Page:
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Once Touched, Never Forgotten  by Natasha TateOn the First Night of Christmas actually had a similar conflict to Once Touched, Never Forgotten by Natasha Tate, a book that I didn’t like much. Once Touched, Never Forgotten is a secret baby story. The heroine decides that the hero won’t be a good father and more importantly, doesn’t want to be a father so when she finds out she is pregnant she leaves him. Five years later he rediscovers her and her secret baby. She had a terrible childhood and was abandoned by her own father. She projects her fears onto the hero that he too will abandon their child. Of course, she never gives him the opportunity to choose. The hero isn’t sure he knows how to love but he promises that he will be a good father. The heroine is relentless in her accusations that he will be a terrible father based on nothing more than her own fears. She was a bitch but then he later uses sexual blackmail to get her to marry him so I figure that they belonged together. And unlike the Rice book, the hero in this one belabored his inability to love over and over again. I got it. She was abandoned. He had crappy relatives. The melodrama was over the top. D

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REVIEW:  Billionaire’s Bride of Innocence by Miranda Lee

REVIEW: Billionaire’s Bride of Innocence by Miranda Lee

Dear Ms. Lee:

41097073The previous two books in the series have told us some awful things about James, the hero in Billionaire’s Bride of Innocence. James was desperate to have a family and when his super model girlfriend could not deliver the goods, so to speak, he divorced her, impregnated a nice young woman, and married the nice young pregnant woman.   Yes, James is a classy guy.   But he’s a billionaire who wants children.   Doesn’t that really absolve him of all sins?

Megan, James’ docile sweet, innocent wife, loses the baby. In the hospital, she overhears James’ two friends, Hugh and Russell, speculating as to whether the marriage will stay together now that James has lost the one thing that he wanted.   Hugh is incensed that James impregnated and then married Megan in the first place, knowing that James did not love her.     Megan is distraught over this news and basically moves into the pool house, refusing to allow James touch her.

James is upset because, well, he wants to be a dad and how can he get her with child again unless they have sex?

Becoming a dad was what James wanted most in the world these days, but it was almost impossible if your wife never let you make love to her.

James sympathised with Megan. He really did. But running away from life was no answer. You had to face up to things, then move on.

Of course, Megan was an extremely soft, shy, vulnerable girl. That was why he’d chosen her.

Megan is torn, though, because she loves James and even the revelation that he is just using her as a baby making machine doesn’t quite kill off that love.   Further, Megan is helplessly attracted to James so that when he suggests a second honeymoon for the two of them, she readily agrees.   Not only does she readily agree to go and have island sex with him, she seeks out the help of her friend, Nicole, to get a full makeover.   She is to become the sexier, more outgoing Megan in order to better appeal to James.

Yes, Megan has no pride. Or backbone.   Or sense of self worth. Her entire life is wrapped up in James and even though there is a tiny period at the end where Megan decides that maybe she is better off without James it doesn’t last long enough to convince me that Megan will be anything but an appendage to James.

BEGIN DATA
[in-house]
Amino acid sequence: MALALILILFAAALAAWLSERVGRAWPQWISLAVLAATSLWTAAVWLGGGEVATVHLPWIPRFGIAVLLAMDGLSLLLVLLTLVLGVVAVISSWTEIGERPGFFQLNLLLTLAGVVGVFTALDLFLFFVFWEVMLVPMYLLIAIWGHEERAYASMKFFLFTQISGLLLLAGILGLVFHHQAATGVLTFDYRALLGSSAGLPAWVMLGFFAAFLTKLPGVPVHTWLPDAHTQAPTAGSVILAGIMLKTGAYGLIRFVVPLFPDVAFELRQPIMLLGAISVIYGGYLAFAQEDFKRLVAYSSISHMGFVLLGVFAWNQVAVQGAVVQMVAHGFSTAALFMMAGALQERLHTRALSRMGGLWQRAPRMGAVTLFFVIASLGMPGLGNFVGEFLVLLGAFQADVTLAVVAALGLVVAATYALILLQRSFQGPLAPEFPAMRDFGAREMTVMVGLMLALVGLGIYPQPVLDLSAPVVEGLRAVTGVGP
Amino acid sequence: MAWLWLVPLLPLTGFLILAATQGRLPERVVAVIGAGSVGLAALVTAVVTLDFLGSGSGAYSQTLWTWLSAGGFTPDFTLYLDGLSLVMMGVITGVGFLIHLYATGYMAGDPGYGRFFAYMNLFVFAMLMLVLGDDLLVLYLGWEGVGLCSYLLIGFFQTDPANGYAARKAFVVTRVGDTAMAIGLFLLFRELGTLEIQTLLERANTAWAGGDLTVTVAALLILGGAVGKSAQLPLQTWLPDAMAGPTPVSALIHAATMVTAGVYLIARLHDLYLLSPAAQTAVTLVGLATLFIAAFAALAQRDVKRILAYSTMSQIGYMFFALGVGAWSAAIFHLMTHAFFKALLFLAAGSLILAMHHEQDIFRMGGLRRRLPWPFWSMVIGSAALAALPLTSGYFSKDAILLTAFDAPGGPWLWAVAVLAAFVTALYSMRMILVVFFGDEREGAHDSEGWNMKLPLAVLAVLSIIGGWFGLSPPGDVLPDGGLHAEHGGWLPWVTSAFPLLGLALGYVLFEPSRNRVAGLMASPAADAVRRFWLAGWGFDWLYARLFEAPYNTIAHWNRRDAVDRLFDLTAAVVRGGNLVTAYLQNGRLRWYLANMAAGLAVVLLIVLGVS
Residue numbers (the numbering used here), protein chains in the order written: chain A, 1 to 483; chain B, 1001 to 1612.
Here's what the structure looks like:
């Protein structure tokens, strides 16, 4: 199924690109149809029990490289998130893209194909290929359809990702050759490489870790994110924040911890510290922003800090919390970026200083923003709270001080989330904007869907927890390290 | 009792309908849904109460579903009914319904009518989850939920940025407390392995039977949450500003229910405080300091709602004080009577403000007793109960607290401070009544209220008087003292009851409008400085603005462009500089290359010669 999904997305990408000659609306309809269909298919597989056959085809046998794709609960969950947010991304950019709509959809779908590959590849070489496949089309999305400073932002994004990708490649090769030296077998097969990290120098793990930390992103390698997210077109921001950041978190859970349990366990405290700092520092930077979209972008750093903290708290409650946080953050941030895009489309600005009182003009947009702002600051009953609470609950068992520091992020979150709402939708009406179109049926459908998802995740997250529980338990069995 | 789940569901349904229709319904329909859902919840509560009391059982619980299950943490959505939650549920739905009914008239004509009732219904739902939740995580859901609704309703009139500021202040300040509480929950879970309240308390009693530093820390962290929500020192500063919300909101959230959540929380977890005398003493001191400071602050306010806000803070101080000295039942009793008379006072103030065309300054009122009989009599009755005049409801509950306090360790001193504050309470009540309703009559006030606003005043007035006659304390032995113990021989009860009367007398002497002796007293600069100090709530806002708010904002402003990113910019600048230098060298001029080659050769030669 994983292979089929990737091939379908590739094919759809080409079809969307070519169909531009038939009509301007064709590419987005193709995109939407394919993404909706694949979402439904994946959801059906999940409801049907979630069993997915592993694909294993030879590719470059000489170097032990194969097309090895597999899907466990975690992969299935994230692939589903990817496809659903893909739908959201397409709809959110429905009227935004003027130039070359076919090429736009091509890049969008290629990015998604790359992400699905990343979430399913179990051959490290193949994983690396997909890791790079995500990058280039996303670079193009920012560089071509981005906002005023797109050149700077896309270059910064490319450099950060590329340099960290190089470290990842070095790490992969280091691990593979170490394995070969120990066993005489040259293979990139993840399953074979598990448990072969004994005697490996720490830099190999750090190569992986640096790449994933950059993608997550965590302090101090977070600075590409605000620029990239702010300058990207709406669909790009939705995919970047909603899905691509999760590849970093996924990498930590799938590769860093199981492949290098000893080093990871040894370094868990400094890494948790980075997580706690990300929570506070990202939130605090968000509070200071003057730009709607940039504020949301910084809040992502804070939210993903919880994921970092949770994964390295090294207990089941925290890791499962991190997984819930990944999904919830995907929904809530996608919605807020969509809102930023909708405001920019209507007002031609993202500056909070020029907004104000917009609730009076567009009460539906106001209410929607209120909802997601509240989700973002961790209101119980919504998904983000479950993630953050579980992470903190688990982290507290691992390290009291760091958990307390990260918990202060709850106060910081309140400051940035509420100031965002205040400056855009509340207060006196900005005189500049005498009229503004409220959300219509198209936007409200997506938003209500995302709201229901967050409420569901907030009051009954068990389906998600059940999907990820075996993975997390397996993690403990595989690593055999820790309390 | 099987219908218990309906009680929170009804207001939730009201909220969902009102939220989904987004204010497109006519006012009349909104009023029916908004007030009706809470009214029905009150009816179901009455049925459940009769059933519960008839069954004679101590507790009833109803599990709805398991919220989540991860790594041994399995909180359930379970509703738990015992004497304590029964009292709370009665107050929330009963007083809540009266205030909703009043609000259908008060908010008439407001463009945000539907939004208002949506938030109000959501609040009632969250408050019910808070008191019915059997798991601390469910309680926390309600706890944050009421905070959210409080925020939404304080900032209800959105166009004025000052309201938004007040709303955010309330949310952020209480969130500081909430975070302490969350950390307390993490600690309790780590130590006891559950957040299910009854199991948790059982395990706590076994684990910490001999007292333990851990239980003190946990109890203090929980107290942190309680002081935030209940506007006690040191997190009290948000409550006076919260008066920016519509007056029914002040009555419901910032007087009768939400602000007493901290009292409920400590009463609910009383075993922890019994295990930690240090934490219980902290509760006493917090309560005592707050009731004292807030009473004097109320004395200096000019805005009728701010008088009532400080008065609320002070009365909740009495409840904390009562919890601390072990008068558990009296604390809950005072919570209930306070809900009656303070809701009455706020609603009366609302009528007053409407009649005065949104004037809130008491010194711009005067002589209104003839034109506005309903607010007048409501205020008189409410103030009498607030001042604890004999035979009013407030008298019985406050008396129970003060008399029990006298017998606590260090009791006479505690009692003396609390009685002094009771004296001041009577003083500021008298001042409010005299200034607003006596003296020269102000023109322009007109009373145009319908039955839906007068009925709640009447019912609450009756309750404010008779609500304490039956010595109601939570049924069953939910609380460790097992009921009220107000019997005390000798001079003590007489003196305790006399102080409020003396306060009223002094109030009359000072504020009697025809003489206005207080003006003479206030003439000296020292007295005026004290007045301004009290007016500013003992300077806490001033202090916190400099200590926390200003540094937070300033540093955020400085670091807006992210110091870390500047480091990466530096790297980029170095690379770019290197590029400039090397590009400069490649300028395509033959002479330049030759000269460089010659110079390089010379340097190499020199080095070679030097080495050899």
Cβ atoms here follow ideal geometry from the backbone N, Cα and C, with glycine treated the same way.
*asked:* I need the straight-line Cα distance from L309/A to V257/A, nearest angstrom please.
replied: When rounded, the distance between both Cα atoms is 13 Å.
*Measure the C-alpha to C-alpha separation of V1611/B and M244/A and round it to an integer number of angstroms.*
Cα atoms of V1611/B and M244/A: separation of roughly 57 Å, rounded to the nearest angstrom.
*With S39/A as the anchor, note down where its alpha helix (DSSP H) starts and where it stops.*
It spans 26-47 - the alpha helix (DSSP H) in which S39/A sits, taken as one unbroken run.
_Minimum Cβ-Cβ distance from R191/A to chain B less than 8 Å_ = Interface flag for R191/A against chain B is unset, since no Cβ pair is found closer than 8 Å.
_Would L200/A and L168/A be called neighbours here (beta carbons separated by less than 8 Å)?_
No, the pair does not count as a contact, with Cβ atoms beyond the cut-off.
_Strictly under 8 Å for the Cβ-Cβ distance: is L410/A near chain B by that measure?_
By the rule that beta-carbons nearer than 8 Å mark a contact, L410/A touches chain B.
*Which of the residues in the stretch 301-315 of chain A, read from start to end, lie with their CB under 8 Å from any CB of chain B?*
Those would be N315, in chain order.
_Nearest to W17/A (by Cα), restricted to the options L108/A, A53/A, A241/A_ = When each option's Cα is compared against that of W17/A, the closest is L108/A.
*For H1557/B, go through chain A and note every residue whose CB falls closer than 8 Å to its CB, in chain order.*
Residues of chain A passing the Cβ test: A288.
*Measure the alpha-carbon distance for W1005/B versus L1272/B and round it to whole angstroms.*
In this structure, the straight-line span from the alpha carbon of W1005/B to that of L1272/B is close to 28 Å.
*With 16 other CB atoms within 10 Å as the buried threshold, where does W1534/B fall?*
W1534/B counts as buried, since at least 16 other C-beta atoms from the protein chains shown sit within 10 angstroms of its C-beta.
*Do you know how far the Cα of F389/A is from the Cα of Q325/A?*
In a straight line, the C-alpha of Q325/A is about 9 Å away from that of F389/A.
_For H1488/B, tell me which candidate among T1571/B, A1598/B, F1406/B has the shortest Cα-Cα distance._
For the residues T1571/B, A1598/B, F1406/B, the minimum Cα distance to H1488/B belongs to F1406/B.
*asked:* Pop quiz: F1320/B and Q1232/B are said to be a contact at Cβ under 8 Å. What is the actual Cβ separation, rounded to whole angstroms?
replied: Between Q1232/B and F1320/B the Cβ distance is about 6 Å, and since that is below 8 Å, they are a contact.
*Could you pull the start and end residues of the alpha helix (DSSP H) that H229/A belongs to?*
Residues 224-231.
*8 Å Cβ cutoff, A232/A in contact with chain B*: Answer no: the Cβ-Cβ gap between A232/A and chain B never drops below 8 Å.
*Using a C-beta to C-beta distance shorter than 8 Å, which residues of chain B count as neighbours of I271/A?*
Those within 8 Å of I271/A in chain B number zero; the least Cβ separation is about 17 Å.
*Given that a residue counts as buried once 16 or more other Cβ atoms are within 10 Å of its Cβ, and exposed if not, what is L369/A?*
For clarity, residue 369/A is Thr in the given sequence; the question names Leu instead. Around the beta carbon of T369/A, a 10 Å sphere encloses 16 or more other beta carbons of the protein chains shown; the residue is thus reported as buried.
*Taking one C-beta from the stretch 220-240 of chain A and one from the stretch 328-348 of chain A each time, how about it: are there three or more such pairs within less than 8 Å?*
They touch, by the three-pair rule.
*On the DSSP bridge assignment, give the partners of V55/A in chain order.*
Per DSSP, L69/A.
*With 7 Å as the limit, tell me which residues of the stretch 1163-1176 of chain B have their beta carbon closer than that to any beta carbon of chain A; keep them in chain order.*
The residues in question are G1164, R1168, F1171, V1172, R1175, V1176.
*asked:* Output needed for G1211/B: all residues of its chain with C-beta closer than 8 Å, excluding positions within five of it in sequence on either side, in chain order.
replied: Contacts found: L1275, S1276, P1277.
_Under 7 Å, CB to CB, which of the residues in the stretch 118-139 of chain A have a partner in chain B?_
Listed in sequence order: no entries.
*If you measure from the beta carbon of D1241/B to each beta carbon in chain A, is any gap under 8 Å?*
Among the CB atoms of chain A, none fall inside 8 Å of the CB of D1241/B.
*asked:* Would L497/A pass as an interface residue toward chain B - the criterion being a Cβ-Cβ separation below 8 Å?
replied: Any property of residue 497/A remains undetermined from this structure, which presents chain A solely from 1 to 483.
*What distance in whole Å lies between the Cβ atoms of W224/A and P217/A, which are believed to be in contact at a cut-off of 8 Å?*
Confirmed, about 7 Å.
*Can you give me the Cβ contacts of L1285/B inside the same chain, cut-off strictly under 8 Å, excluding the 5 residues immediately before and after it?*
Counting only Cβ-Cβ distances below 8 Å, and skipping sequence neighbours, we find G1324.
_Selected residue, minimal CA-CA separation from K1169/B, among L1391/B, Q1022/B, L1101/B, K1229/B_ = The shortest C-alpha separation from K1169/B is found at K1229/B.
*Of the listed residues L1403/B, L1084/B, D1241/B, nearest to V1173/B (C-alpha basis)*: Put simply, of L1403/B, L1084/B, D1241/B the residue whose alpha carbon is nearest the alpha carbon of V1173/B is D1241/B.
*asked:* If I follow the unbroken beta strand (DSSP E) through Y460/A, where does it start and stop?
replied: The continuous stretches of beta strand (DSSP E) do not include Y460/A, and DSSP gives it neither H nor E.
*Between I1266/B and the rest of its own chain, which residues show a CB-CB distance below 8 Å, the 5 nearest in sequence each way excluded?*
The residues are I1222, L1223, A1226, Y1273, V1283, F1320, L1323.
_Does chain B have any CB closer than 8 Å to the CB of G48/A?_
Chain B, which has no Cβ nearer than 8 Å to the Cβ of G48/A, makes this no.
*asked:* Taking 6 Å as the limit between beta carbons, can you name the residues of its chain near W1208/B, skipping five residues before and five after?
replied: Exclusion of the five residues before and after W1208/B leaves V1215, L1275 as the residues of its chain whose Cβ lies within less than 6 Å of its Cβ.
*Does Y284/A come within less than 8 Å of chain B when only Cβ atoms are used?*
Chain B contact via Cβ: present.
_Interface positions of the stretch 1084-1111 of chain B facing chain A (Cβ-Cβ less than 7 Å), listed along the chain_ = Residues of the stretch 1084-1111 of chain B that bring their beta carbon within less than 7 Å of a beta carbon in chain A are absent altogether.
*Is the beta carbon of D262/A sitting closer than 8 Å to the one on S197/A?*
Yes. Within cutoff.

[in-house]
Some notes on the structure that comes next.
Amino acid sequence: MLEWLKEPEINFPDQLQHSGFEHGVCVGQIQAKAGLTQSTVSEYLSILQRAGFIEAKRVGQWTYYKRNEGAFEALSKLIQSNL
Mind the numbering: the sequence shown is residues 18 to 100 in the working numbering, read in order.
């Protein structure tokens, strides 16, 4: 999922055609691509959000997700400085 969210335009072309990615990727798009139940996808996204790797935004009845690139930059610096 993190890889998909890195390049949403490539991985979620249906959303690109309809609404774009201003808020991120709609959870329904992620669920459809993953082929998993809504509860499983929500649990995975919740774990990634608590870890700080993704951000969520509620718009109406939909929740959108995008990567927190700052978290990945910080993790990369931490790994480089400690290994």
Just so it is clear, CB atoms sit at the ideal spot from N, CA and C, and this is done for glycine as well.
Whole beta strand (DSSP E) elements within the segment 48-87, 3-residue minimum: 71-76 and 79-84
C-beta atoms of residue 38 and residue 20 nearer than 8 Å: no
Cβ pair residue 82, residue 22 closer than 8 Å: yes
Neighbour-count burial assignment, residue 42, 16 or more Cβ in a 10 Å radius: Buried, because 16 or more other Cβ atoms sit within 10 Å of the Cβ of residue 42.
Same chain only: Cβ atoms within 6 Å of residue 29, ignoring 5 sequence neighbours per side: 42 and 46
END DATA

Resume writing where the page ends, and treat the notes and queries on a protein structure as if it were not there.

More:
James is both appalled and titallated by the new Megan.   He was a bit bored with their pre miscarriage sex.   Megan was usch an innocent and James felt constrained in trying out his dirty ways with her.   What are James’ deep secrets?   Well, he apparently likes to do it in other positions than the missionary and he ties her wrists to the headboard at one time.   Oh, James, your kink is so intimidating!   Thank goodness James is a billionaire because how else would a woman ever want to stay with him?   Actually, Megan was frustrated with the loving that James was doling out.   It was a bit too tame for her as well, but she didn’t say anything to James and she lacked the confidence to initiate anything.

Very little emotional energy is spent contemplating the miscarriage.   James just wants to start boning Megan again so he can make more little babies.   Megan can’t stop thinking about how much she longs for James’ body even though he has no love for her.   It’s probably fair to say that he little   affection for her either, other than she was a suitable baby making vessel.

I’m not certain what disgusted me more. Megan’s inability to value herself and her persistence in continuing to abase herself to try to gain James’ love or James for being a grade A bastard.   I loved it when he accuses Megan of being deceitful when he finds her birth control pills because for a man whose baby making is at the forefront, birth control pills are akin to the devil’s drug. I vacillated between wanting to punch James in the face or shake Megan till her teeth fell out.   It’s not a failure of a book, the writing is too competent. I can give it a D because I am sorry I read it.

Best regards,

Jane

This book can be purchased at eHarlequin.com or in eHarlequin.com“>ebook format from Harlequin only until November 1.

This book was provided to the reviewer by either the author or publisher. The reviewer did not pay for this book but received it free. The Harlequin Affiliate link earns us an affiliate fee if you purchase a book through the link and the Sony link is in conjunction with the sponsorship deal we made for the year of 2009. We do not earn an affiliate fee from Sony through the book link.